Energy and electricity policy, planning and regulation in South Africa has been slow and bureaucratic, lacking visionary leadership and marred by uncertainty. Policy positions and actions have tended to be reactive and driven more by crisis management than by forward-looking leadership.
National energy policy and planning
In 1998, the government’s White Paper on Energy Policy detailed a policy of restructuring and liberalisation of the electricity supply industry (ESI). However, it became clear that the political and executive leadership in national, provincial and local government, and the affected ministries, were not of a common mind on the matter, and the ESI incumbents (Eskom and municipalities) had little appetite to restructure themselves. To date, not one of these policy objectives has been met, even though the policy document remains in place.
This policy uncertainty, together with a rapid turnover of ministerial leadership at the Department of Energy, has resulted in integrated planning within the energy and electricity supply sectors being intermittent, uncoordinated and lacking coherence, at best.
The planning that has taken place has been done in the absence of a published national integrated energy plan (IEP). Section 6(1) of the National Energy Act, Act 34, 2008 requires that an IEP be developed, reviewed and published annually by the energy minister. However, a final IEP has not been published since 2008.
Electricity policy: Plans for 25GW of renewables
Following the publication of an integrated resource plan (IRP) for electricity, IRP 2010-2030, in 2011, there was a seven-year delay before it was finally updated and replaced with a revised IRP 2019 covering the next decade to 2030.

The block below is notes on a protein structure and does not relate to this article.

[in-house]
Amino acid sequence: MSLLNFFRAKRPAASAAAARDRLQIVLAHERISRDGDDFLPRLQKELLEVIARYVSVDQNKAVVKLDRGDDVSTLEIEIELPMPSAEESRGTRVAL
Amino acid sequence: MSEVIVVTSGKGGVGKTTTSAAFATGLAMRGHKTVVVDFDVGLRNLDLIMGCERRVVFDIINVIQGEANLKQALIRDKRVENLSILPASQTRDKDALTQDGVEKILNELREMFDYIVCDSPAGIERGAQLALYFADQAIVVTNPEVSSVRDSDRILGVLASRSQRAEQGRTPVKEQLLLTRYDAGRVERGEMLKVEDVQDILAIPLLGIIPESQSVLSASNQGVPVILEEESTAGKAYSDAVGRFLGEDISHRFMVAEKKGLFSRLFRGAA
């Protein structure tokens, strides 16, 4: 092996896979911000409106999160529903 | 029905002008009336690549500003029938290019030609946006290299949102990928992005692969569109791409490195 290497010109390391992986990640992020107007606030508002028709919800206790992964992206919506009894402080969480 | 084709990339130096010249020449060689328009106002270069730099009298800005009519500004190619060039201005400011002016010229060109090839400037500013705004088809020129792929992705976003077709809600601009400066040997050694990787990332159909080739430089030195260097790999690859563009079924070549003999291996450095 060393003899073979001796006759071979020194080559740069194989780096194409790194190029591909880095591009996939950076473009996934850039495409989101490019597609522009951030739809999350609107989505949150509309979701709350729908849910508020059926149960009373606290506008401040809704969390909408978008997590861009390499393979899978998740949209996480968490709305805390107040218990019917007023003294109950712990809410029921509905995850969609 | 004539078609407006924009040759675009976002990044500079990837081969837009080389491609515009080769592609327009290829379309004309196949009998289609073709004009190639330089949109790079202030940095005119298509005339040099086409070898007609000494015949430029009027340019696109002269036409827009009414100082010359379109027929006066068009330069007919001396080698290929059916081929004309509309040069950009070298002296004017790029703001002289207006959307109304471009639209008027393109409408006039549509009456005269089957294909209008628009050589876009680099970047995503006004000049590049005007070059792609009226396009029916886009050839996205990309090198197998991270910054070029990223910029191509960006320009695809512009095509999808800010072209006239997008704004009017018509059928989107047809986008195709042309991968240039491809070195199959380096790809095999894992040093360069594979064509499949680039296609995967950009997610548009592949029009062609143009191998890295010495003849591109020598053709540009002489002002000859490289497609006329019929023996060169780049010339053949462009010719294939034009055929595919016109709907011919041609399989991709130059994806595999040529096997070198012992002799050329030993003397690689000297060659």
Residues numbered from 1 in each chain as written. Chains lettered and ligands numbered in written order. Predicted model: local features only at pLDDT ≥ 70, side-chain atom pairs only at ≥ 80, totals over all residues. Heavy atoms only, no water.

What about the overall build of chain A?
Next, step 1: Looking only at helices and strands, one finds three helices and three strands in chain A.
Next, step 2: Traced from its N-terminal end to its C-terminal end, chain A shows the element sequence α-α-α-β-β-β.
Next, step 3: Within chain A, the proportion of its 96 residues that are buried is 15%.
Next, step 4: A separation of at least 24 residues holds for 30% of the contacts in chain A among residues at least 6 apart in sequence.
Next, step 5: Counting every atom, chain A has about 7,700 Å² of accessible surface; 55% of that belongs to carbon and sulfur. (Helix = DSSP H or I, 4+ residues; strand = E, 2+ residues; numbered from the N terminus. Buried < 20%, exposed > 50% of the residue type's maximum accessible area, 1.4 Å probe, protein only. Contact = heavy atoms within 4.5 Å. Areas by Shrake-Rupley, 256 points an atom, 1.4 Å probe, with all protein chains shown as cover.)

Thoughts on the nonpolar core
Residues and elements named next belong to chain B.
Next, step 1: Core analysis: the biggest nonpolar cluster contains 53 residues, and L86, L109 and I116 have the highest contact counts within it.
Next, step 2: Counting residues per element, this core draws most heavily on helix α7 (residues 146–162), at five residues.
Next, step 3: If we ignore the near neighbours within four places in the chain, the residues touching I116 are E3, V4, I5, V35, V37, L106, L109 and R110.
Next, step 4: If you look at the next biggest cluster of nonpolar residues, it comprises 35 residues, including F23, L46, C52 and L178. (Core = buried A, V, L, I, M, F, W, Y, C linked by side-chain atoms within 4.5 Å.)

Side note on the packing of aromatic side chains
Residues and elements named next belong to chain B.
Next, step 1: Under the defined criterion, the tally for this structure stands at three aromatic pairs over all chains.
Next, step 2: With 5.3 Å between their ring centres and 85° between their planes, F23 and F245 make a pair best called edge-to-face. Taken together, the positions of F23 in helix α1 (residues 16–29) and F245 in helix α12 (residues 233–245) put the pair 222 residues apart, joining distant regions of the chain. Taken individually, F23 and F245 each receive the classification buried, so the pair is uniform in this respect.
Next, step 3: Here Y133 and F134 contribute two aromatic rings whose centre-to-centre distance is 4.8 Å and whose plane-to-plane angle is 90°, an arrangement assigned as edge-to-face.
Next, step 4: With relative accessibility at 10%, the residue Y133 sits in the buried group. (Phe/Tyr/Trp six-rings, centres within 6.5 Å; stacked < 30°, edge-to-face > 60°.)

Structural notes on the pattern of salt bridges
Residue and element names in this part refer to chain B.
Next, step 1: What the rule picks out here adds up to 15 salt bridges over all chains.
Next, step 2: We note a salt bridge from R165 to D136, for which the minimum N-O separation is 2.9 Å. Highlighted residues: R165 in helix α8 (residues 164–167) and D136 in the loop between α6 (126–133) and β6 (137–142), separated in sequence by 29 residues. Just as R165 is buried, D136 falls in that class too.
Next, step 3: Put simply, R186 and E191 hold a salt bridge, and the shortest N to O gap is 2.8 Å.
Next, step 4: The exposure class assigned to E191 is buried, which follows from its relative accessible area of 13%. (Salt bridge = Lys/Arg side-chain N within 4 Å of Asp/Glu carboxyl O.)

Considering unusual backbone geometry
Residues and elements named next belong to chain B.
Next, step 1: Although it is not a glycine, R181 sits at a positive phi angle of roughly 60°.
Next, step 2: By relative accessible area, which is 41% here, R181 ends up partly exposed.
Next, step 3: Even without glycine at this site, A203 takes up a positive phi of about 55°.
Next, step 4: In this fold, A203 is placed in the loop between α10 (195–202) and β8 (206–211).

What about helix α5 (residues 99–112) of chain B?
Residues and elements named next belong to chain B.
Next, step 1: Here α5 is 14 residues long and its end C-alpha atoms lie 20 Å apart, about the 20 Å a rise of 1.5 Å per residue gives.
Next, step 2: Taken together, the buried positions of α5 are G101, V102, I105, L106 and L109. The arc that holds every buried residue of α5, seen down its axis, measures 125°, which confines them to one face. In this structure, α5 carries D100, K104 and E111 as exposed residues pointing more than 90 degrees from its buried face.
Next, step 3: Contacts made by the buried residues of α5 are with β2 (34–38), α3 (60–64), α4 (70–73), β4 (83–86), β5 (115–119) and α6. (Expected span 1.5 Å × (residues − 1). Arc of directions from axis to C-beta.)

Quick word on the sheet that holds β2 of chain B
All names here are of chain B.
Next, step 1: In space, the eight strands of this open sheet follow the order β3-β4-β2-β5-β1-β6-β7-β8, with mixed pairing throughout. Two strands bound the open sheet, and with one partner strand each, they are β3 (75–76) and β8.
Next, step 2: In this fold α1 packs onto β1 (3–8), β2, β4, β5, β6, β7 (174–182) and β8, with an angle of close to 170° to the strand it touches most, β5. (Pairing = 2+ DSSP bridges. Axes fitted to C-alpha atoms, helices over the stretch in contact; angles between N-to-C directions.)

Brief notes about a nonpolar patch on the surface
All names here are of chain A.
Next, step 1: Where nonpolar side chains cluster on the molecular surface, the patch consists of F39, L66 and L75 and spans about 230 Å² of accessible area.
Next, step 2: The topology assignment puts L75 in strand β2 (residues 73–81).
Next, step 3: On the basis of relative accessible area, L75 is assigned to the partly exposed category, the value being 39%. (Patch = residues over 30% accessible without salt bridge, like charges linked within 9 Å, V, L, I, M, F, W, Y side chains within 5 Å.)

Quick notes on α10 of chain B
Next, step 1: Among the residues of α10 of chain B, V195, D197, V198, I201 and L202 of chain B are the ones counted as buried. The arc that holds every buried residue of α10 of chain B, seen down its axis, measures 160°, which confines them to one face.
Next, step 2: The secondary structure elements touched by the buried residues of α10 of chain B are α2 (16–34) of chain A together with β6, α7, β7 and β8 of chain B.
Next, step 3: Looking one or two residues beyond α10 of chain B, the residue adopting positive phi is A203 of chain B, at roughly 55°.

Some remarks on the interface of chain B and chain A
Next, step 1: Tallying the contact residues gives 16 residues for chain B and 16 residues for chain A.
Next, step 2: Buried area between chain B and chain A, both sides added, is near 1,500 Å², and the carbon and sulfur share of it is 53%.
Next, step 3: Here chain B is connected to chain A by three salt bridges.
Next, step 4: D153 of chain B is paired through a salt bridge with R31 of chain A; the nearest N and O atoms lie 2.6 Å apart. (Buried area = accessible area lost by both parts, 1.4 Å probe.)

The new IRP indicates the planned decommissioning of 11.5 gigawatts of old coal-fired power plant, and a major new build comprising 14.6GW of utility-scale wind, 6.0GW of utility-scale solar photovoltaic (PV), and about 5GW of distributed self-generation by electricity consumers, all complemented by 3GW of gas- or diesel-fired power and 2GW of battery storage.
In addition, IRP 2019 has what some consider to be “smoke-and-mirror” inclusions to appease stakeholders, such as 1.5GW of new coal-fired power, 2GW of hydropower imports and 1.8GW of nuclear power.
The 1.8GW of nuclear power is of course not a nuclear new build at all, but simply a 20-year extension of the operating licence of the Koeberg power station in Cape Town. The 1.5GW of new coal power will, in all likelihood, never be built, due to difficulties in obtaining funding. The 2.5GW of imported hydropower from the Inga Project in the Democratic Republic of the Congo by 2030 is generally considered to be a pipe dream, to disguise other plans to replace this unlikely option with 2.5GW of new nuclear power, which is equally unlikely to take place by 2030, if at all.
Coal policy: Managing an inevitable crisis
The coal-mining industry itself produced the so-called National Coal Strategy for South Africa in 2018 to determine what needs to be done in the face of negative public opinion about using coal in power generation and industrial processes.
However, there is a growing awareness within the government, by the coal mining majors and by the financial sector that coal mining in South Africa is a declining industry under threat. Despite being well behind the curve as one of the most carbon-intensive economies in the world, the realisation of the need for decarbonisation of the economy is beginning to gain traction.
However, distracting talk of clean coal technologies, underground coal gasification and carbon capture and storage is still emanating from the Department of Mineral Resources and Energy (DMRE) and other quarters, demonstrating a lingering commitment to coal as a source of primary energy.
No nuclear new builds in sight